PG-13 | | Comedy, Drama, Romance
A documentary filmmaker and her fellow Generation X graduates face life after college, looking for work and love in Houston.
This movie was originally going to be made by TriStar Pictures, but they put it in turnaround.
I have something to tell you, I am... a homo... homosexual.
Vickie: Oh, Christ.
At one point, the characters are drinking Big Gulps from 7-Eleven. This would have been impossible in Houston in the early 1990s. All Houston-area 7-Elevens (269 total) were acquired by National Convenience Stores (parent company of Stop'n'Go) in October 1987, which was later consolidated by Diamond Shamrock (National Convenience Stores and Diamond Shamrock entered into a buyout agreement in November 1995). Valero Energy Corporation now owns the assets of Diamond Shamrock since 2001. To get a Big Gulp (prior to September 2013), they would have had to drive 109 miles to Smithville, Texas - the easternmost location of a 7-Eleven in the state east of Interstate 35. 7-Eleven Inc. owned/operated stores including those corporate-owned in Texas, prior to December 31, 2012 were limited to Austin and Dallas-Fort Worth metro areas along the Interstate 35 corridor - its West Texas stores are operated under license by Alon USA's Southwest Convenience Stores retail division. As of January 2, 2013, 7-Eleven acquired the retail assets of the C.L. Thomas Petroleum Carriers and TETCO where the existing Speedy Stop and TETCO stores are being remodeled as 7-Elevens, officially reintroducing the brand to Southeast Texas - with several locations in the outlying area of the Houston Metro region. As of early 2014, the closest 7-Eleven to the Houston, TX metro area is located in Edna, TX off U.S. 59.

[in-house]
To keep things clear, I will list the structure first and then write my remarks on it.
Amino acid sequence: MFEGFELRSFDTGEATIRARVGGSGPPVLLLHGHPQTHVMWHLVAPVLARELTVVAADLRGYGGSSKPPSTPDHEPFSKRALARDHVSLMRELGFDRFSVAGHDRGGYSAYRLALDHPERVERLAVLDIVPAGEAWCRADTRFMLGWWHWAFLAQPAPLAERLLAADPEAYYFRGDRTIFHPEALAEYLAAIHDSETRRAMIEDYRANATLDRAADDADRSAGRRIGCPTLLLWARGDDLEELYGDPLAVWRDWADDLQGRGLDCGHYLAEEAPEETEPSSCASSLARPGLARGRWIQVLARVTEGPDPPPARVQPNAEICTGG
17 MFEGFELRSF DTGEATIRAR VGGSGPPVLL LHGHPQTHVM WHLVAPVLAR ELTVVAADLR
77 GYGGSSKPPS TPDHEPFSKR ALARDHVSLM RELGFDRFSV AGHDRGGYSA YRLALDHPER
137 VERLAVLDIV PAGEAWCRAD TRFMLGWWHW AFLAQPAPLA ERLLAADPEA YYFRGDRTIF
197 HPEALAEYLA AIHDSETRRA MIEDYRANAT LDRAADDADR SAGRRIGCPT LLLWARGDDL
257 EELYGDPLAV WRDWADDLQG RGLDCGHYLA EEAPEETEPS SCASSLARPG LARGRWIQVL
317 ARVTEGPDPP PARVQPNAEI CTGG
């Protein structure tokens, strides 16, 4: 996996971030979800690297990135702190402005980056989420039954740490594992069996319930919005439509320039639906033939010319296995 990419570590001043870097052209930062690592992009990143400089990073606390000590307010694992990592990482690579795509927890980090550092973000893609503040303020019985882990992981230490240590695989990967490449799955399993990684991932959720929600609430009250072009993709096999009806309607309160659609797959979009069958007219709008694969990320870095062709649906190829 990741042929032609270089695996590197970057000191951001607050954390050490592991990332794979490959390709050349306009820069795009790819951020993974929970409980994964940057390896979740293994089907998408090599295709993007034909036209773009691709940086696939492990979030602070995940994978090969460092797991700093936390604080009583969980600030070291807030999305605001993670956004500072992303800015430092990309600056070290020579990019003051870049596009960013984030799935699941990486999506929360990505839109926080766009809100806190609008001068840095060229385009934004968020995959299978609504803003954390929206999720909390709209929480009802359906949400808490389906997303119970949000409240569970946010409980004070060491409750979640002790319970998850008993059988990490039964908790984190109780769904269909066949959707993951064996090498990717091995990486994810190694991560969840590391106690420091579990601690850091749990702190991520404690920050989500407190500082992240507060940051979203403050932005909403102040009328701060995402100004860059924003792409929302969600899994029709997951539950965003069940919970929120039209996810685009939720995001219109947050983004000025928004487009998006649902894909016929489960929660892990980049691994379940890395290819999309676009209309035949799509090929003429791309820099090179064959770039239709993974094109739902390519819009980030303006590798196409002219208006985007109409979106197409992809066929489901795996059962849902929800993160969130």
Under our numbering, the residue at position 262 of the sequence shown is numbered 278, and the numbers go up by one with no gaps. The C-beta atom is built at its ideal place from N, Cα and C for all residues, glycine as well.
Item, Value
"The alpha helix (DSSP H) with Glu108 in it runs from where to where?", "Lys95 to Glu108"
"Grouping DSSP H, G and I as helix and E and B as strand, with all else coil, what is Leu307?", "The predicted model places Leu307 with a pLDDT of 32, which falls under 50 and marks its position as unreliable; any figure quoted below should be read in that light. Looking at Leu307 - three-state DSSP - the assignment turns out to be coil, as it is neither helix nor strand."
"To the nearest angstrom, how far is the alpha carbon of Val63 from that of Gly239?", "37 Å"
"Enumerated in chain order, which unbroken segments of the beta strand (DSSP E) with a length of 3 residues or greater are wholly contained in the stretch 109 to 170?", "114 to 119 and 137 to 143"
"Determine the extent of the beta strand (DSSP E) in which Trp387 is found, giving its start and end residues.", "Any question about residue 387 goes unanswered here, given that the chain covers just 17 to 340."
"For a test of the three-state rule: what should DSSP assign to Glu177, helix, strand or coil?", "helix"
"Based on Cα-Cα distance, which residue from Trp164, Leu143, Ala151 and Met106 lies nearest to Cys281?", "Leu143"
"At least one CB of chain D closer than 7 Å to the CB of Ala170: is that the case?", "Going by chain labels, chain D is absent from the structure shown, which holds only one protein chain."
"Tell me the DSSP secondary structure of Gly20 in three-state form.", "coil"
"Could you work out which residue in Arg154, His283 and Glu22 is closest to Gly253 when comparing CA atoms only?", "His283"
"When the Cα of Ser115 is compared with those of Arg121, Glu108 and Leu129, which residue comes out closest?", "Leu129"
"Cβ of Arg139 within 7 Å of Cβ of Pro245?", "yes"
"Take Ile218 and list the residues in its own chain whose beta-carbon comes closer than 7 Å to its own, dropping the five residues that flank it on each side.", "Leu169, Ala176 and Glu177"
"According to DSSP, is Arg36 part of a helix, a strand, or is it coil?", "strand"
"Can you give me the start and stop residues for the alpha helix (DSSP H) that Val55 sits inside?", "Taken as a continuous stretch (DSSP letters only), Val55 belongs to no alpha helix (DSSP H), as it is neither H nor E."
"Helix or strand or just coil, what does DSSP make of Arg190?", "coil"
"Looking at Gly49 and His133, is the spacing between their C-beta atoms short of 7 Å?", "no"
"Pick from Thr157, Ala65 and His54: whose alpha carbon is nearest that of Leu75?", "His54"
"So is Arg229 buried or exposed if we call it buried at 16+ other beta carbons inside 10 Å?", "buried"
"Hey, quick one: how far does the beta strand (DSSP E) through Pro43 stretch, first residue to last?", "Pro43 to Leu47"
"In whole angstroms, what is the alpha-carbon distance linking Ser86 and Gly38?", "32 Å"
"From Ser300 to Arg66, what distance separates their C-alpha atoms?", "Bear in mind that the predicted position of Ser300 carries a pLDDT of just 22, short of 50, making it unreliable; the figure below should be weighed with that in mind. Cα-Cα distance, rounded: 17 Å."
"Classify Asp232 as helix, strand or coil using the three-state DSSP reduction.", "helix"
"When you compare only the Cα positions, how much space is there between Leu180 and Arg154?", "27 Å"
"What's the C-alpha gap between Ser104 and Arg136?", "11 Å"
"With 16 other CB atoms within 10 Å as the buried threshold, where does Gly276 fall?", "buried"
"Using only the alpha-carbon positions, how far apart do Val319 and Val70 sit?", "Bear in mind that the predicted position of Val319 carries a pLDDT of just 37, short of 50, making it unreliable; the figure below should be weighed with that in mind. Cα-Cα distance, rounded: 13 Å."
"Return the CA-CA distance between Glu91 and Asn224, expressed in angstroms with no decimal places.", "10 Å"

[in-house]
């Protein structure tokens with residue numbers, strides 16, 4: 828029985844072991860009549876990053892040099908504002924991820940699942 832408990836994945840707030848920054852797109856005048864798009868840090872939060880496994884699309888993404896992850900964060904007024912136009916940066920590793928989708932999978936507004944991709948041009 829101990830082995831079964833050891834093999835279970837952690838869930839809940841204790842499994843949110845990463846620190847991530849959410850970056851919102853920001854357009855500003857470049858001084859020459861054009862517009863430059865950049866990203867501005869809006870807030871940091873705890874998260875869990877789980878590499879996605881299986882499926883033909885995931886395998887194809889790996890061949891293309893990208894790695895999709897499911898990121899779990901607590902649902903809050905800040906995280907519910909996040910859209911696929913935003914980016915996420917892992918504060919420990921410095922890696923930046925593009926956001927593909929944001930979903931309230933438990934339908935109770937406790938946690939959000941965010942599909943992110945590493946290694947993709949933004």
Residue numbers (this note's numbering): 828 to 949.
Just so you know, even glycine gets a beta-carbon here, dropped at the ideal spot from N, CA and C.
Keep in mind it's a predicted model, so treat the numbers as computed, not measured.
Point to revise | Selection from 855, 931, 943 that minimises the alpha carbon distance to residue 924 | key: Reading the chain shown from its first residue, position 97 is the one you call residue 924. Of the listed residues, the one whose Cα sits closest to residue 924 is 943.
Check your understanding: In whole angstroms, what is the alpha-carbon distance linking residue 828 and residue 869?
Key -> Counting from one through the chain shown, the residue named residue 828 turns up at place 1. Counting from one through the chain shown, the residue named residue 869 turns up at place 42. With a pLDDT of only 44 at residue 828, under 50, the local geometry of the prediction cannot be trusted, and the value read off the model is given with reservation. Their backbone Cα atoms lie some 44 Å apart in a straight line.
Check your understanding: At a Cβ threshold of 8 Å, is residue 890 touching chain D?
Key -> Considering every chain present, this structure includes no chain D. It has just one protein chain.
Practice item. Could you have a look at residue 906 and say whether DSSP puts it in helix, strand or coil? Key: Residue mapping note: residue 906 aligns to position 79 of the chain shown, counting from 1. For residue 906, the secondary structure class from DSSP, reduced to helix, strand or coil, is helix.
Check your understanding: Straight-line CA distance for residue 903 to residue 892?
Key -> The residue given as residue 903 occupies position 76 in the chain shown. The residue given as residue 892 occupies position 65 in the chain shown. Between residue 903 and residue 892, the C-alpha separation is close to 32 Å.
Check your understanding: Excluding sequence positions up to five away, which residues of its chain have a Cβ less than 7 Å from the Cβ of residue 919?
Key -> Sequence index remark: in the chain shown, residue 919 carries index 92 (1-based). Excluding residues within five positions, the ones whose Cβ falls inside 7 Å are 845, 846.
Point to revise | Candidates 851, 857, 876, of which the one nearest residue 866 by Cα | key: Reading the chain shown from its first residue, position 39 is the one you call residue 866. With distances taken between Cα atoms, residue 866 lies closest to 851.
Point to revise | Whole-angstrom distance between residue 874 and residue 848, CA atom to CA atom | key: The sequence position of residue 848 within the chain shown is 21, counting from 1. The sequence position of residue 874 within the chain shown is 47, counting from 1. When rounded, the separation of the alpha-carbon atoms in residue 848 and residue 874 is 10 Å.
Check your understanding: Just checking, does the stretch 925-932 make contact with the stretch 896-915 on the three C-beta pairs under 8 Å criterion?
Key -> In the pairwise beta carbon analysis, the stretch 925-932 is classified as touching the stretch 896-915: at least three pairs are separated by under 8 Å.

The Australian print only runs 94 minutes, and most notably actors Kevin Pollak and Jeanne Tripplehorn do not appear.
$5,113,050 20 February 1994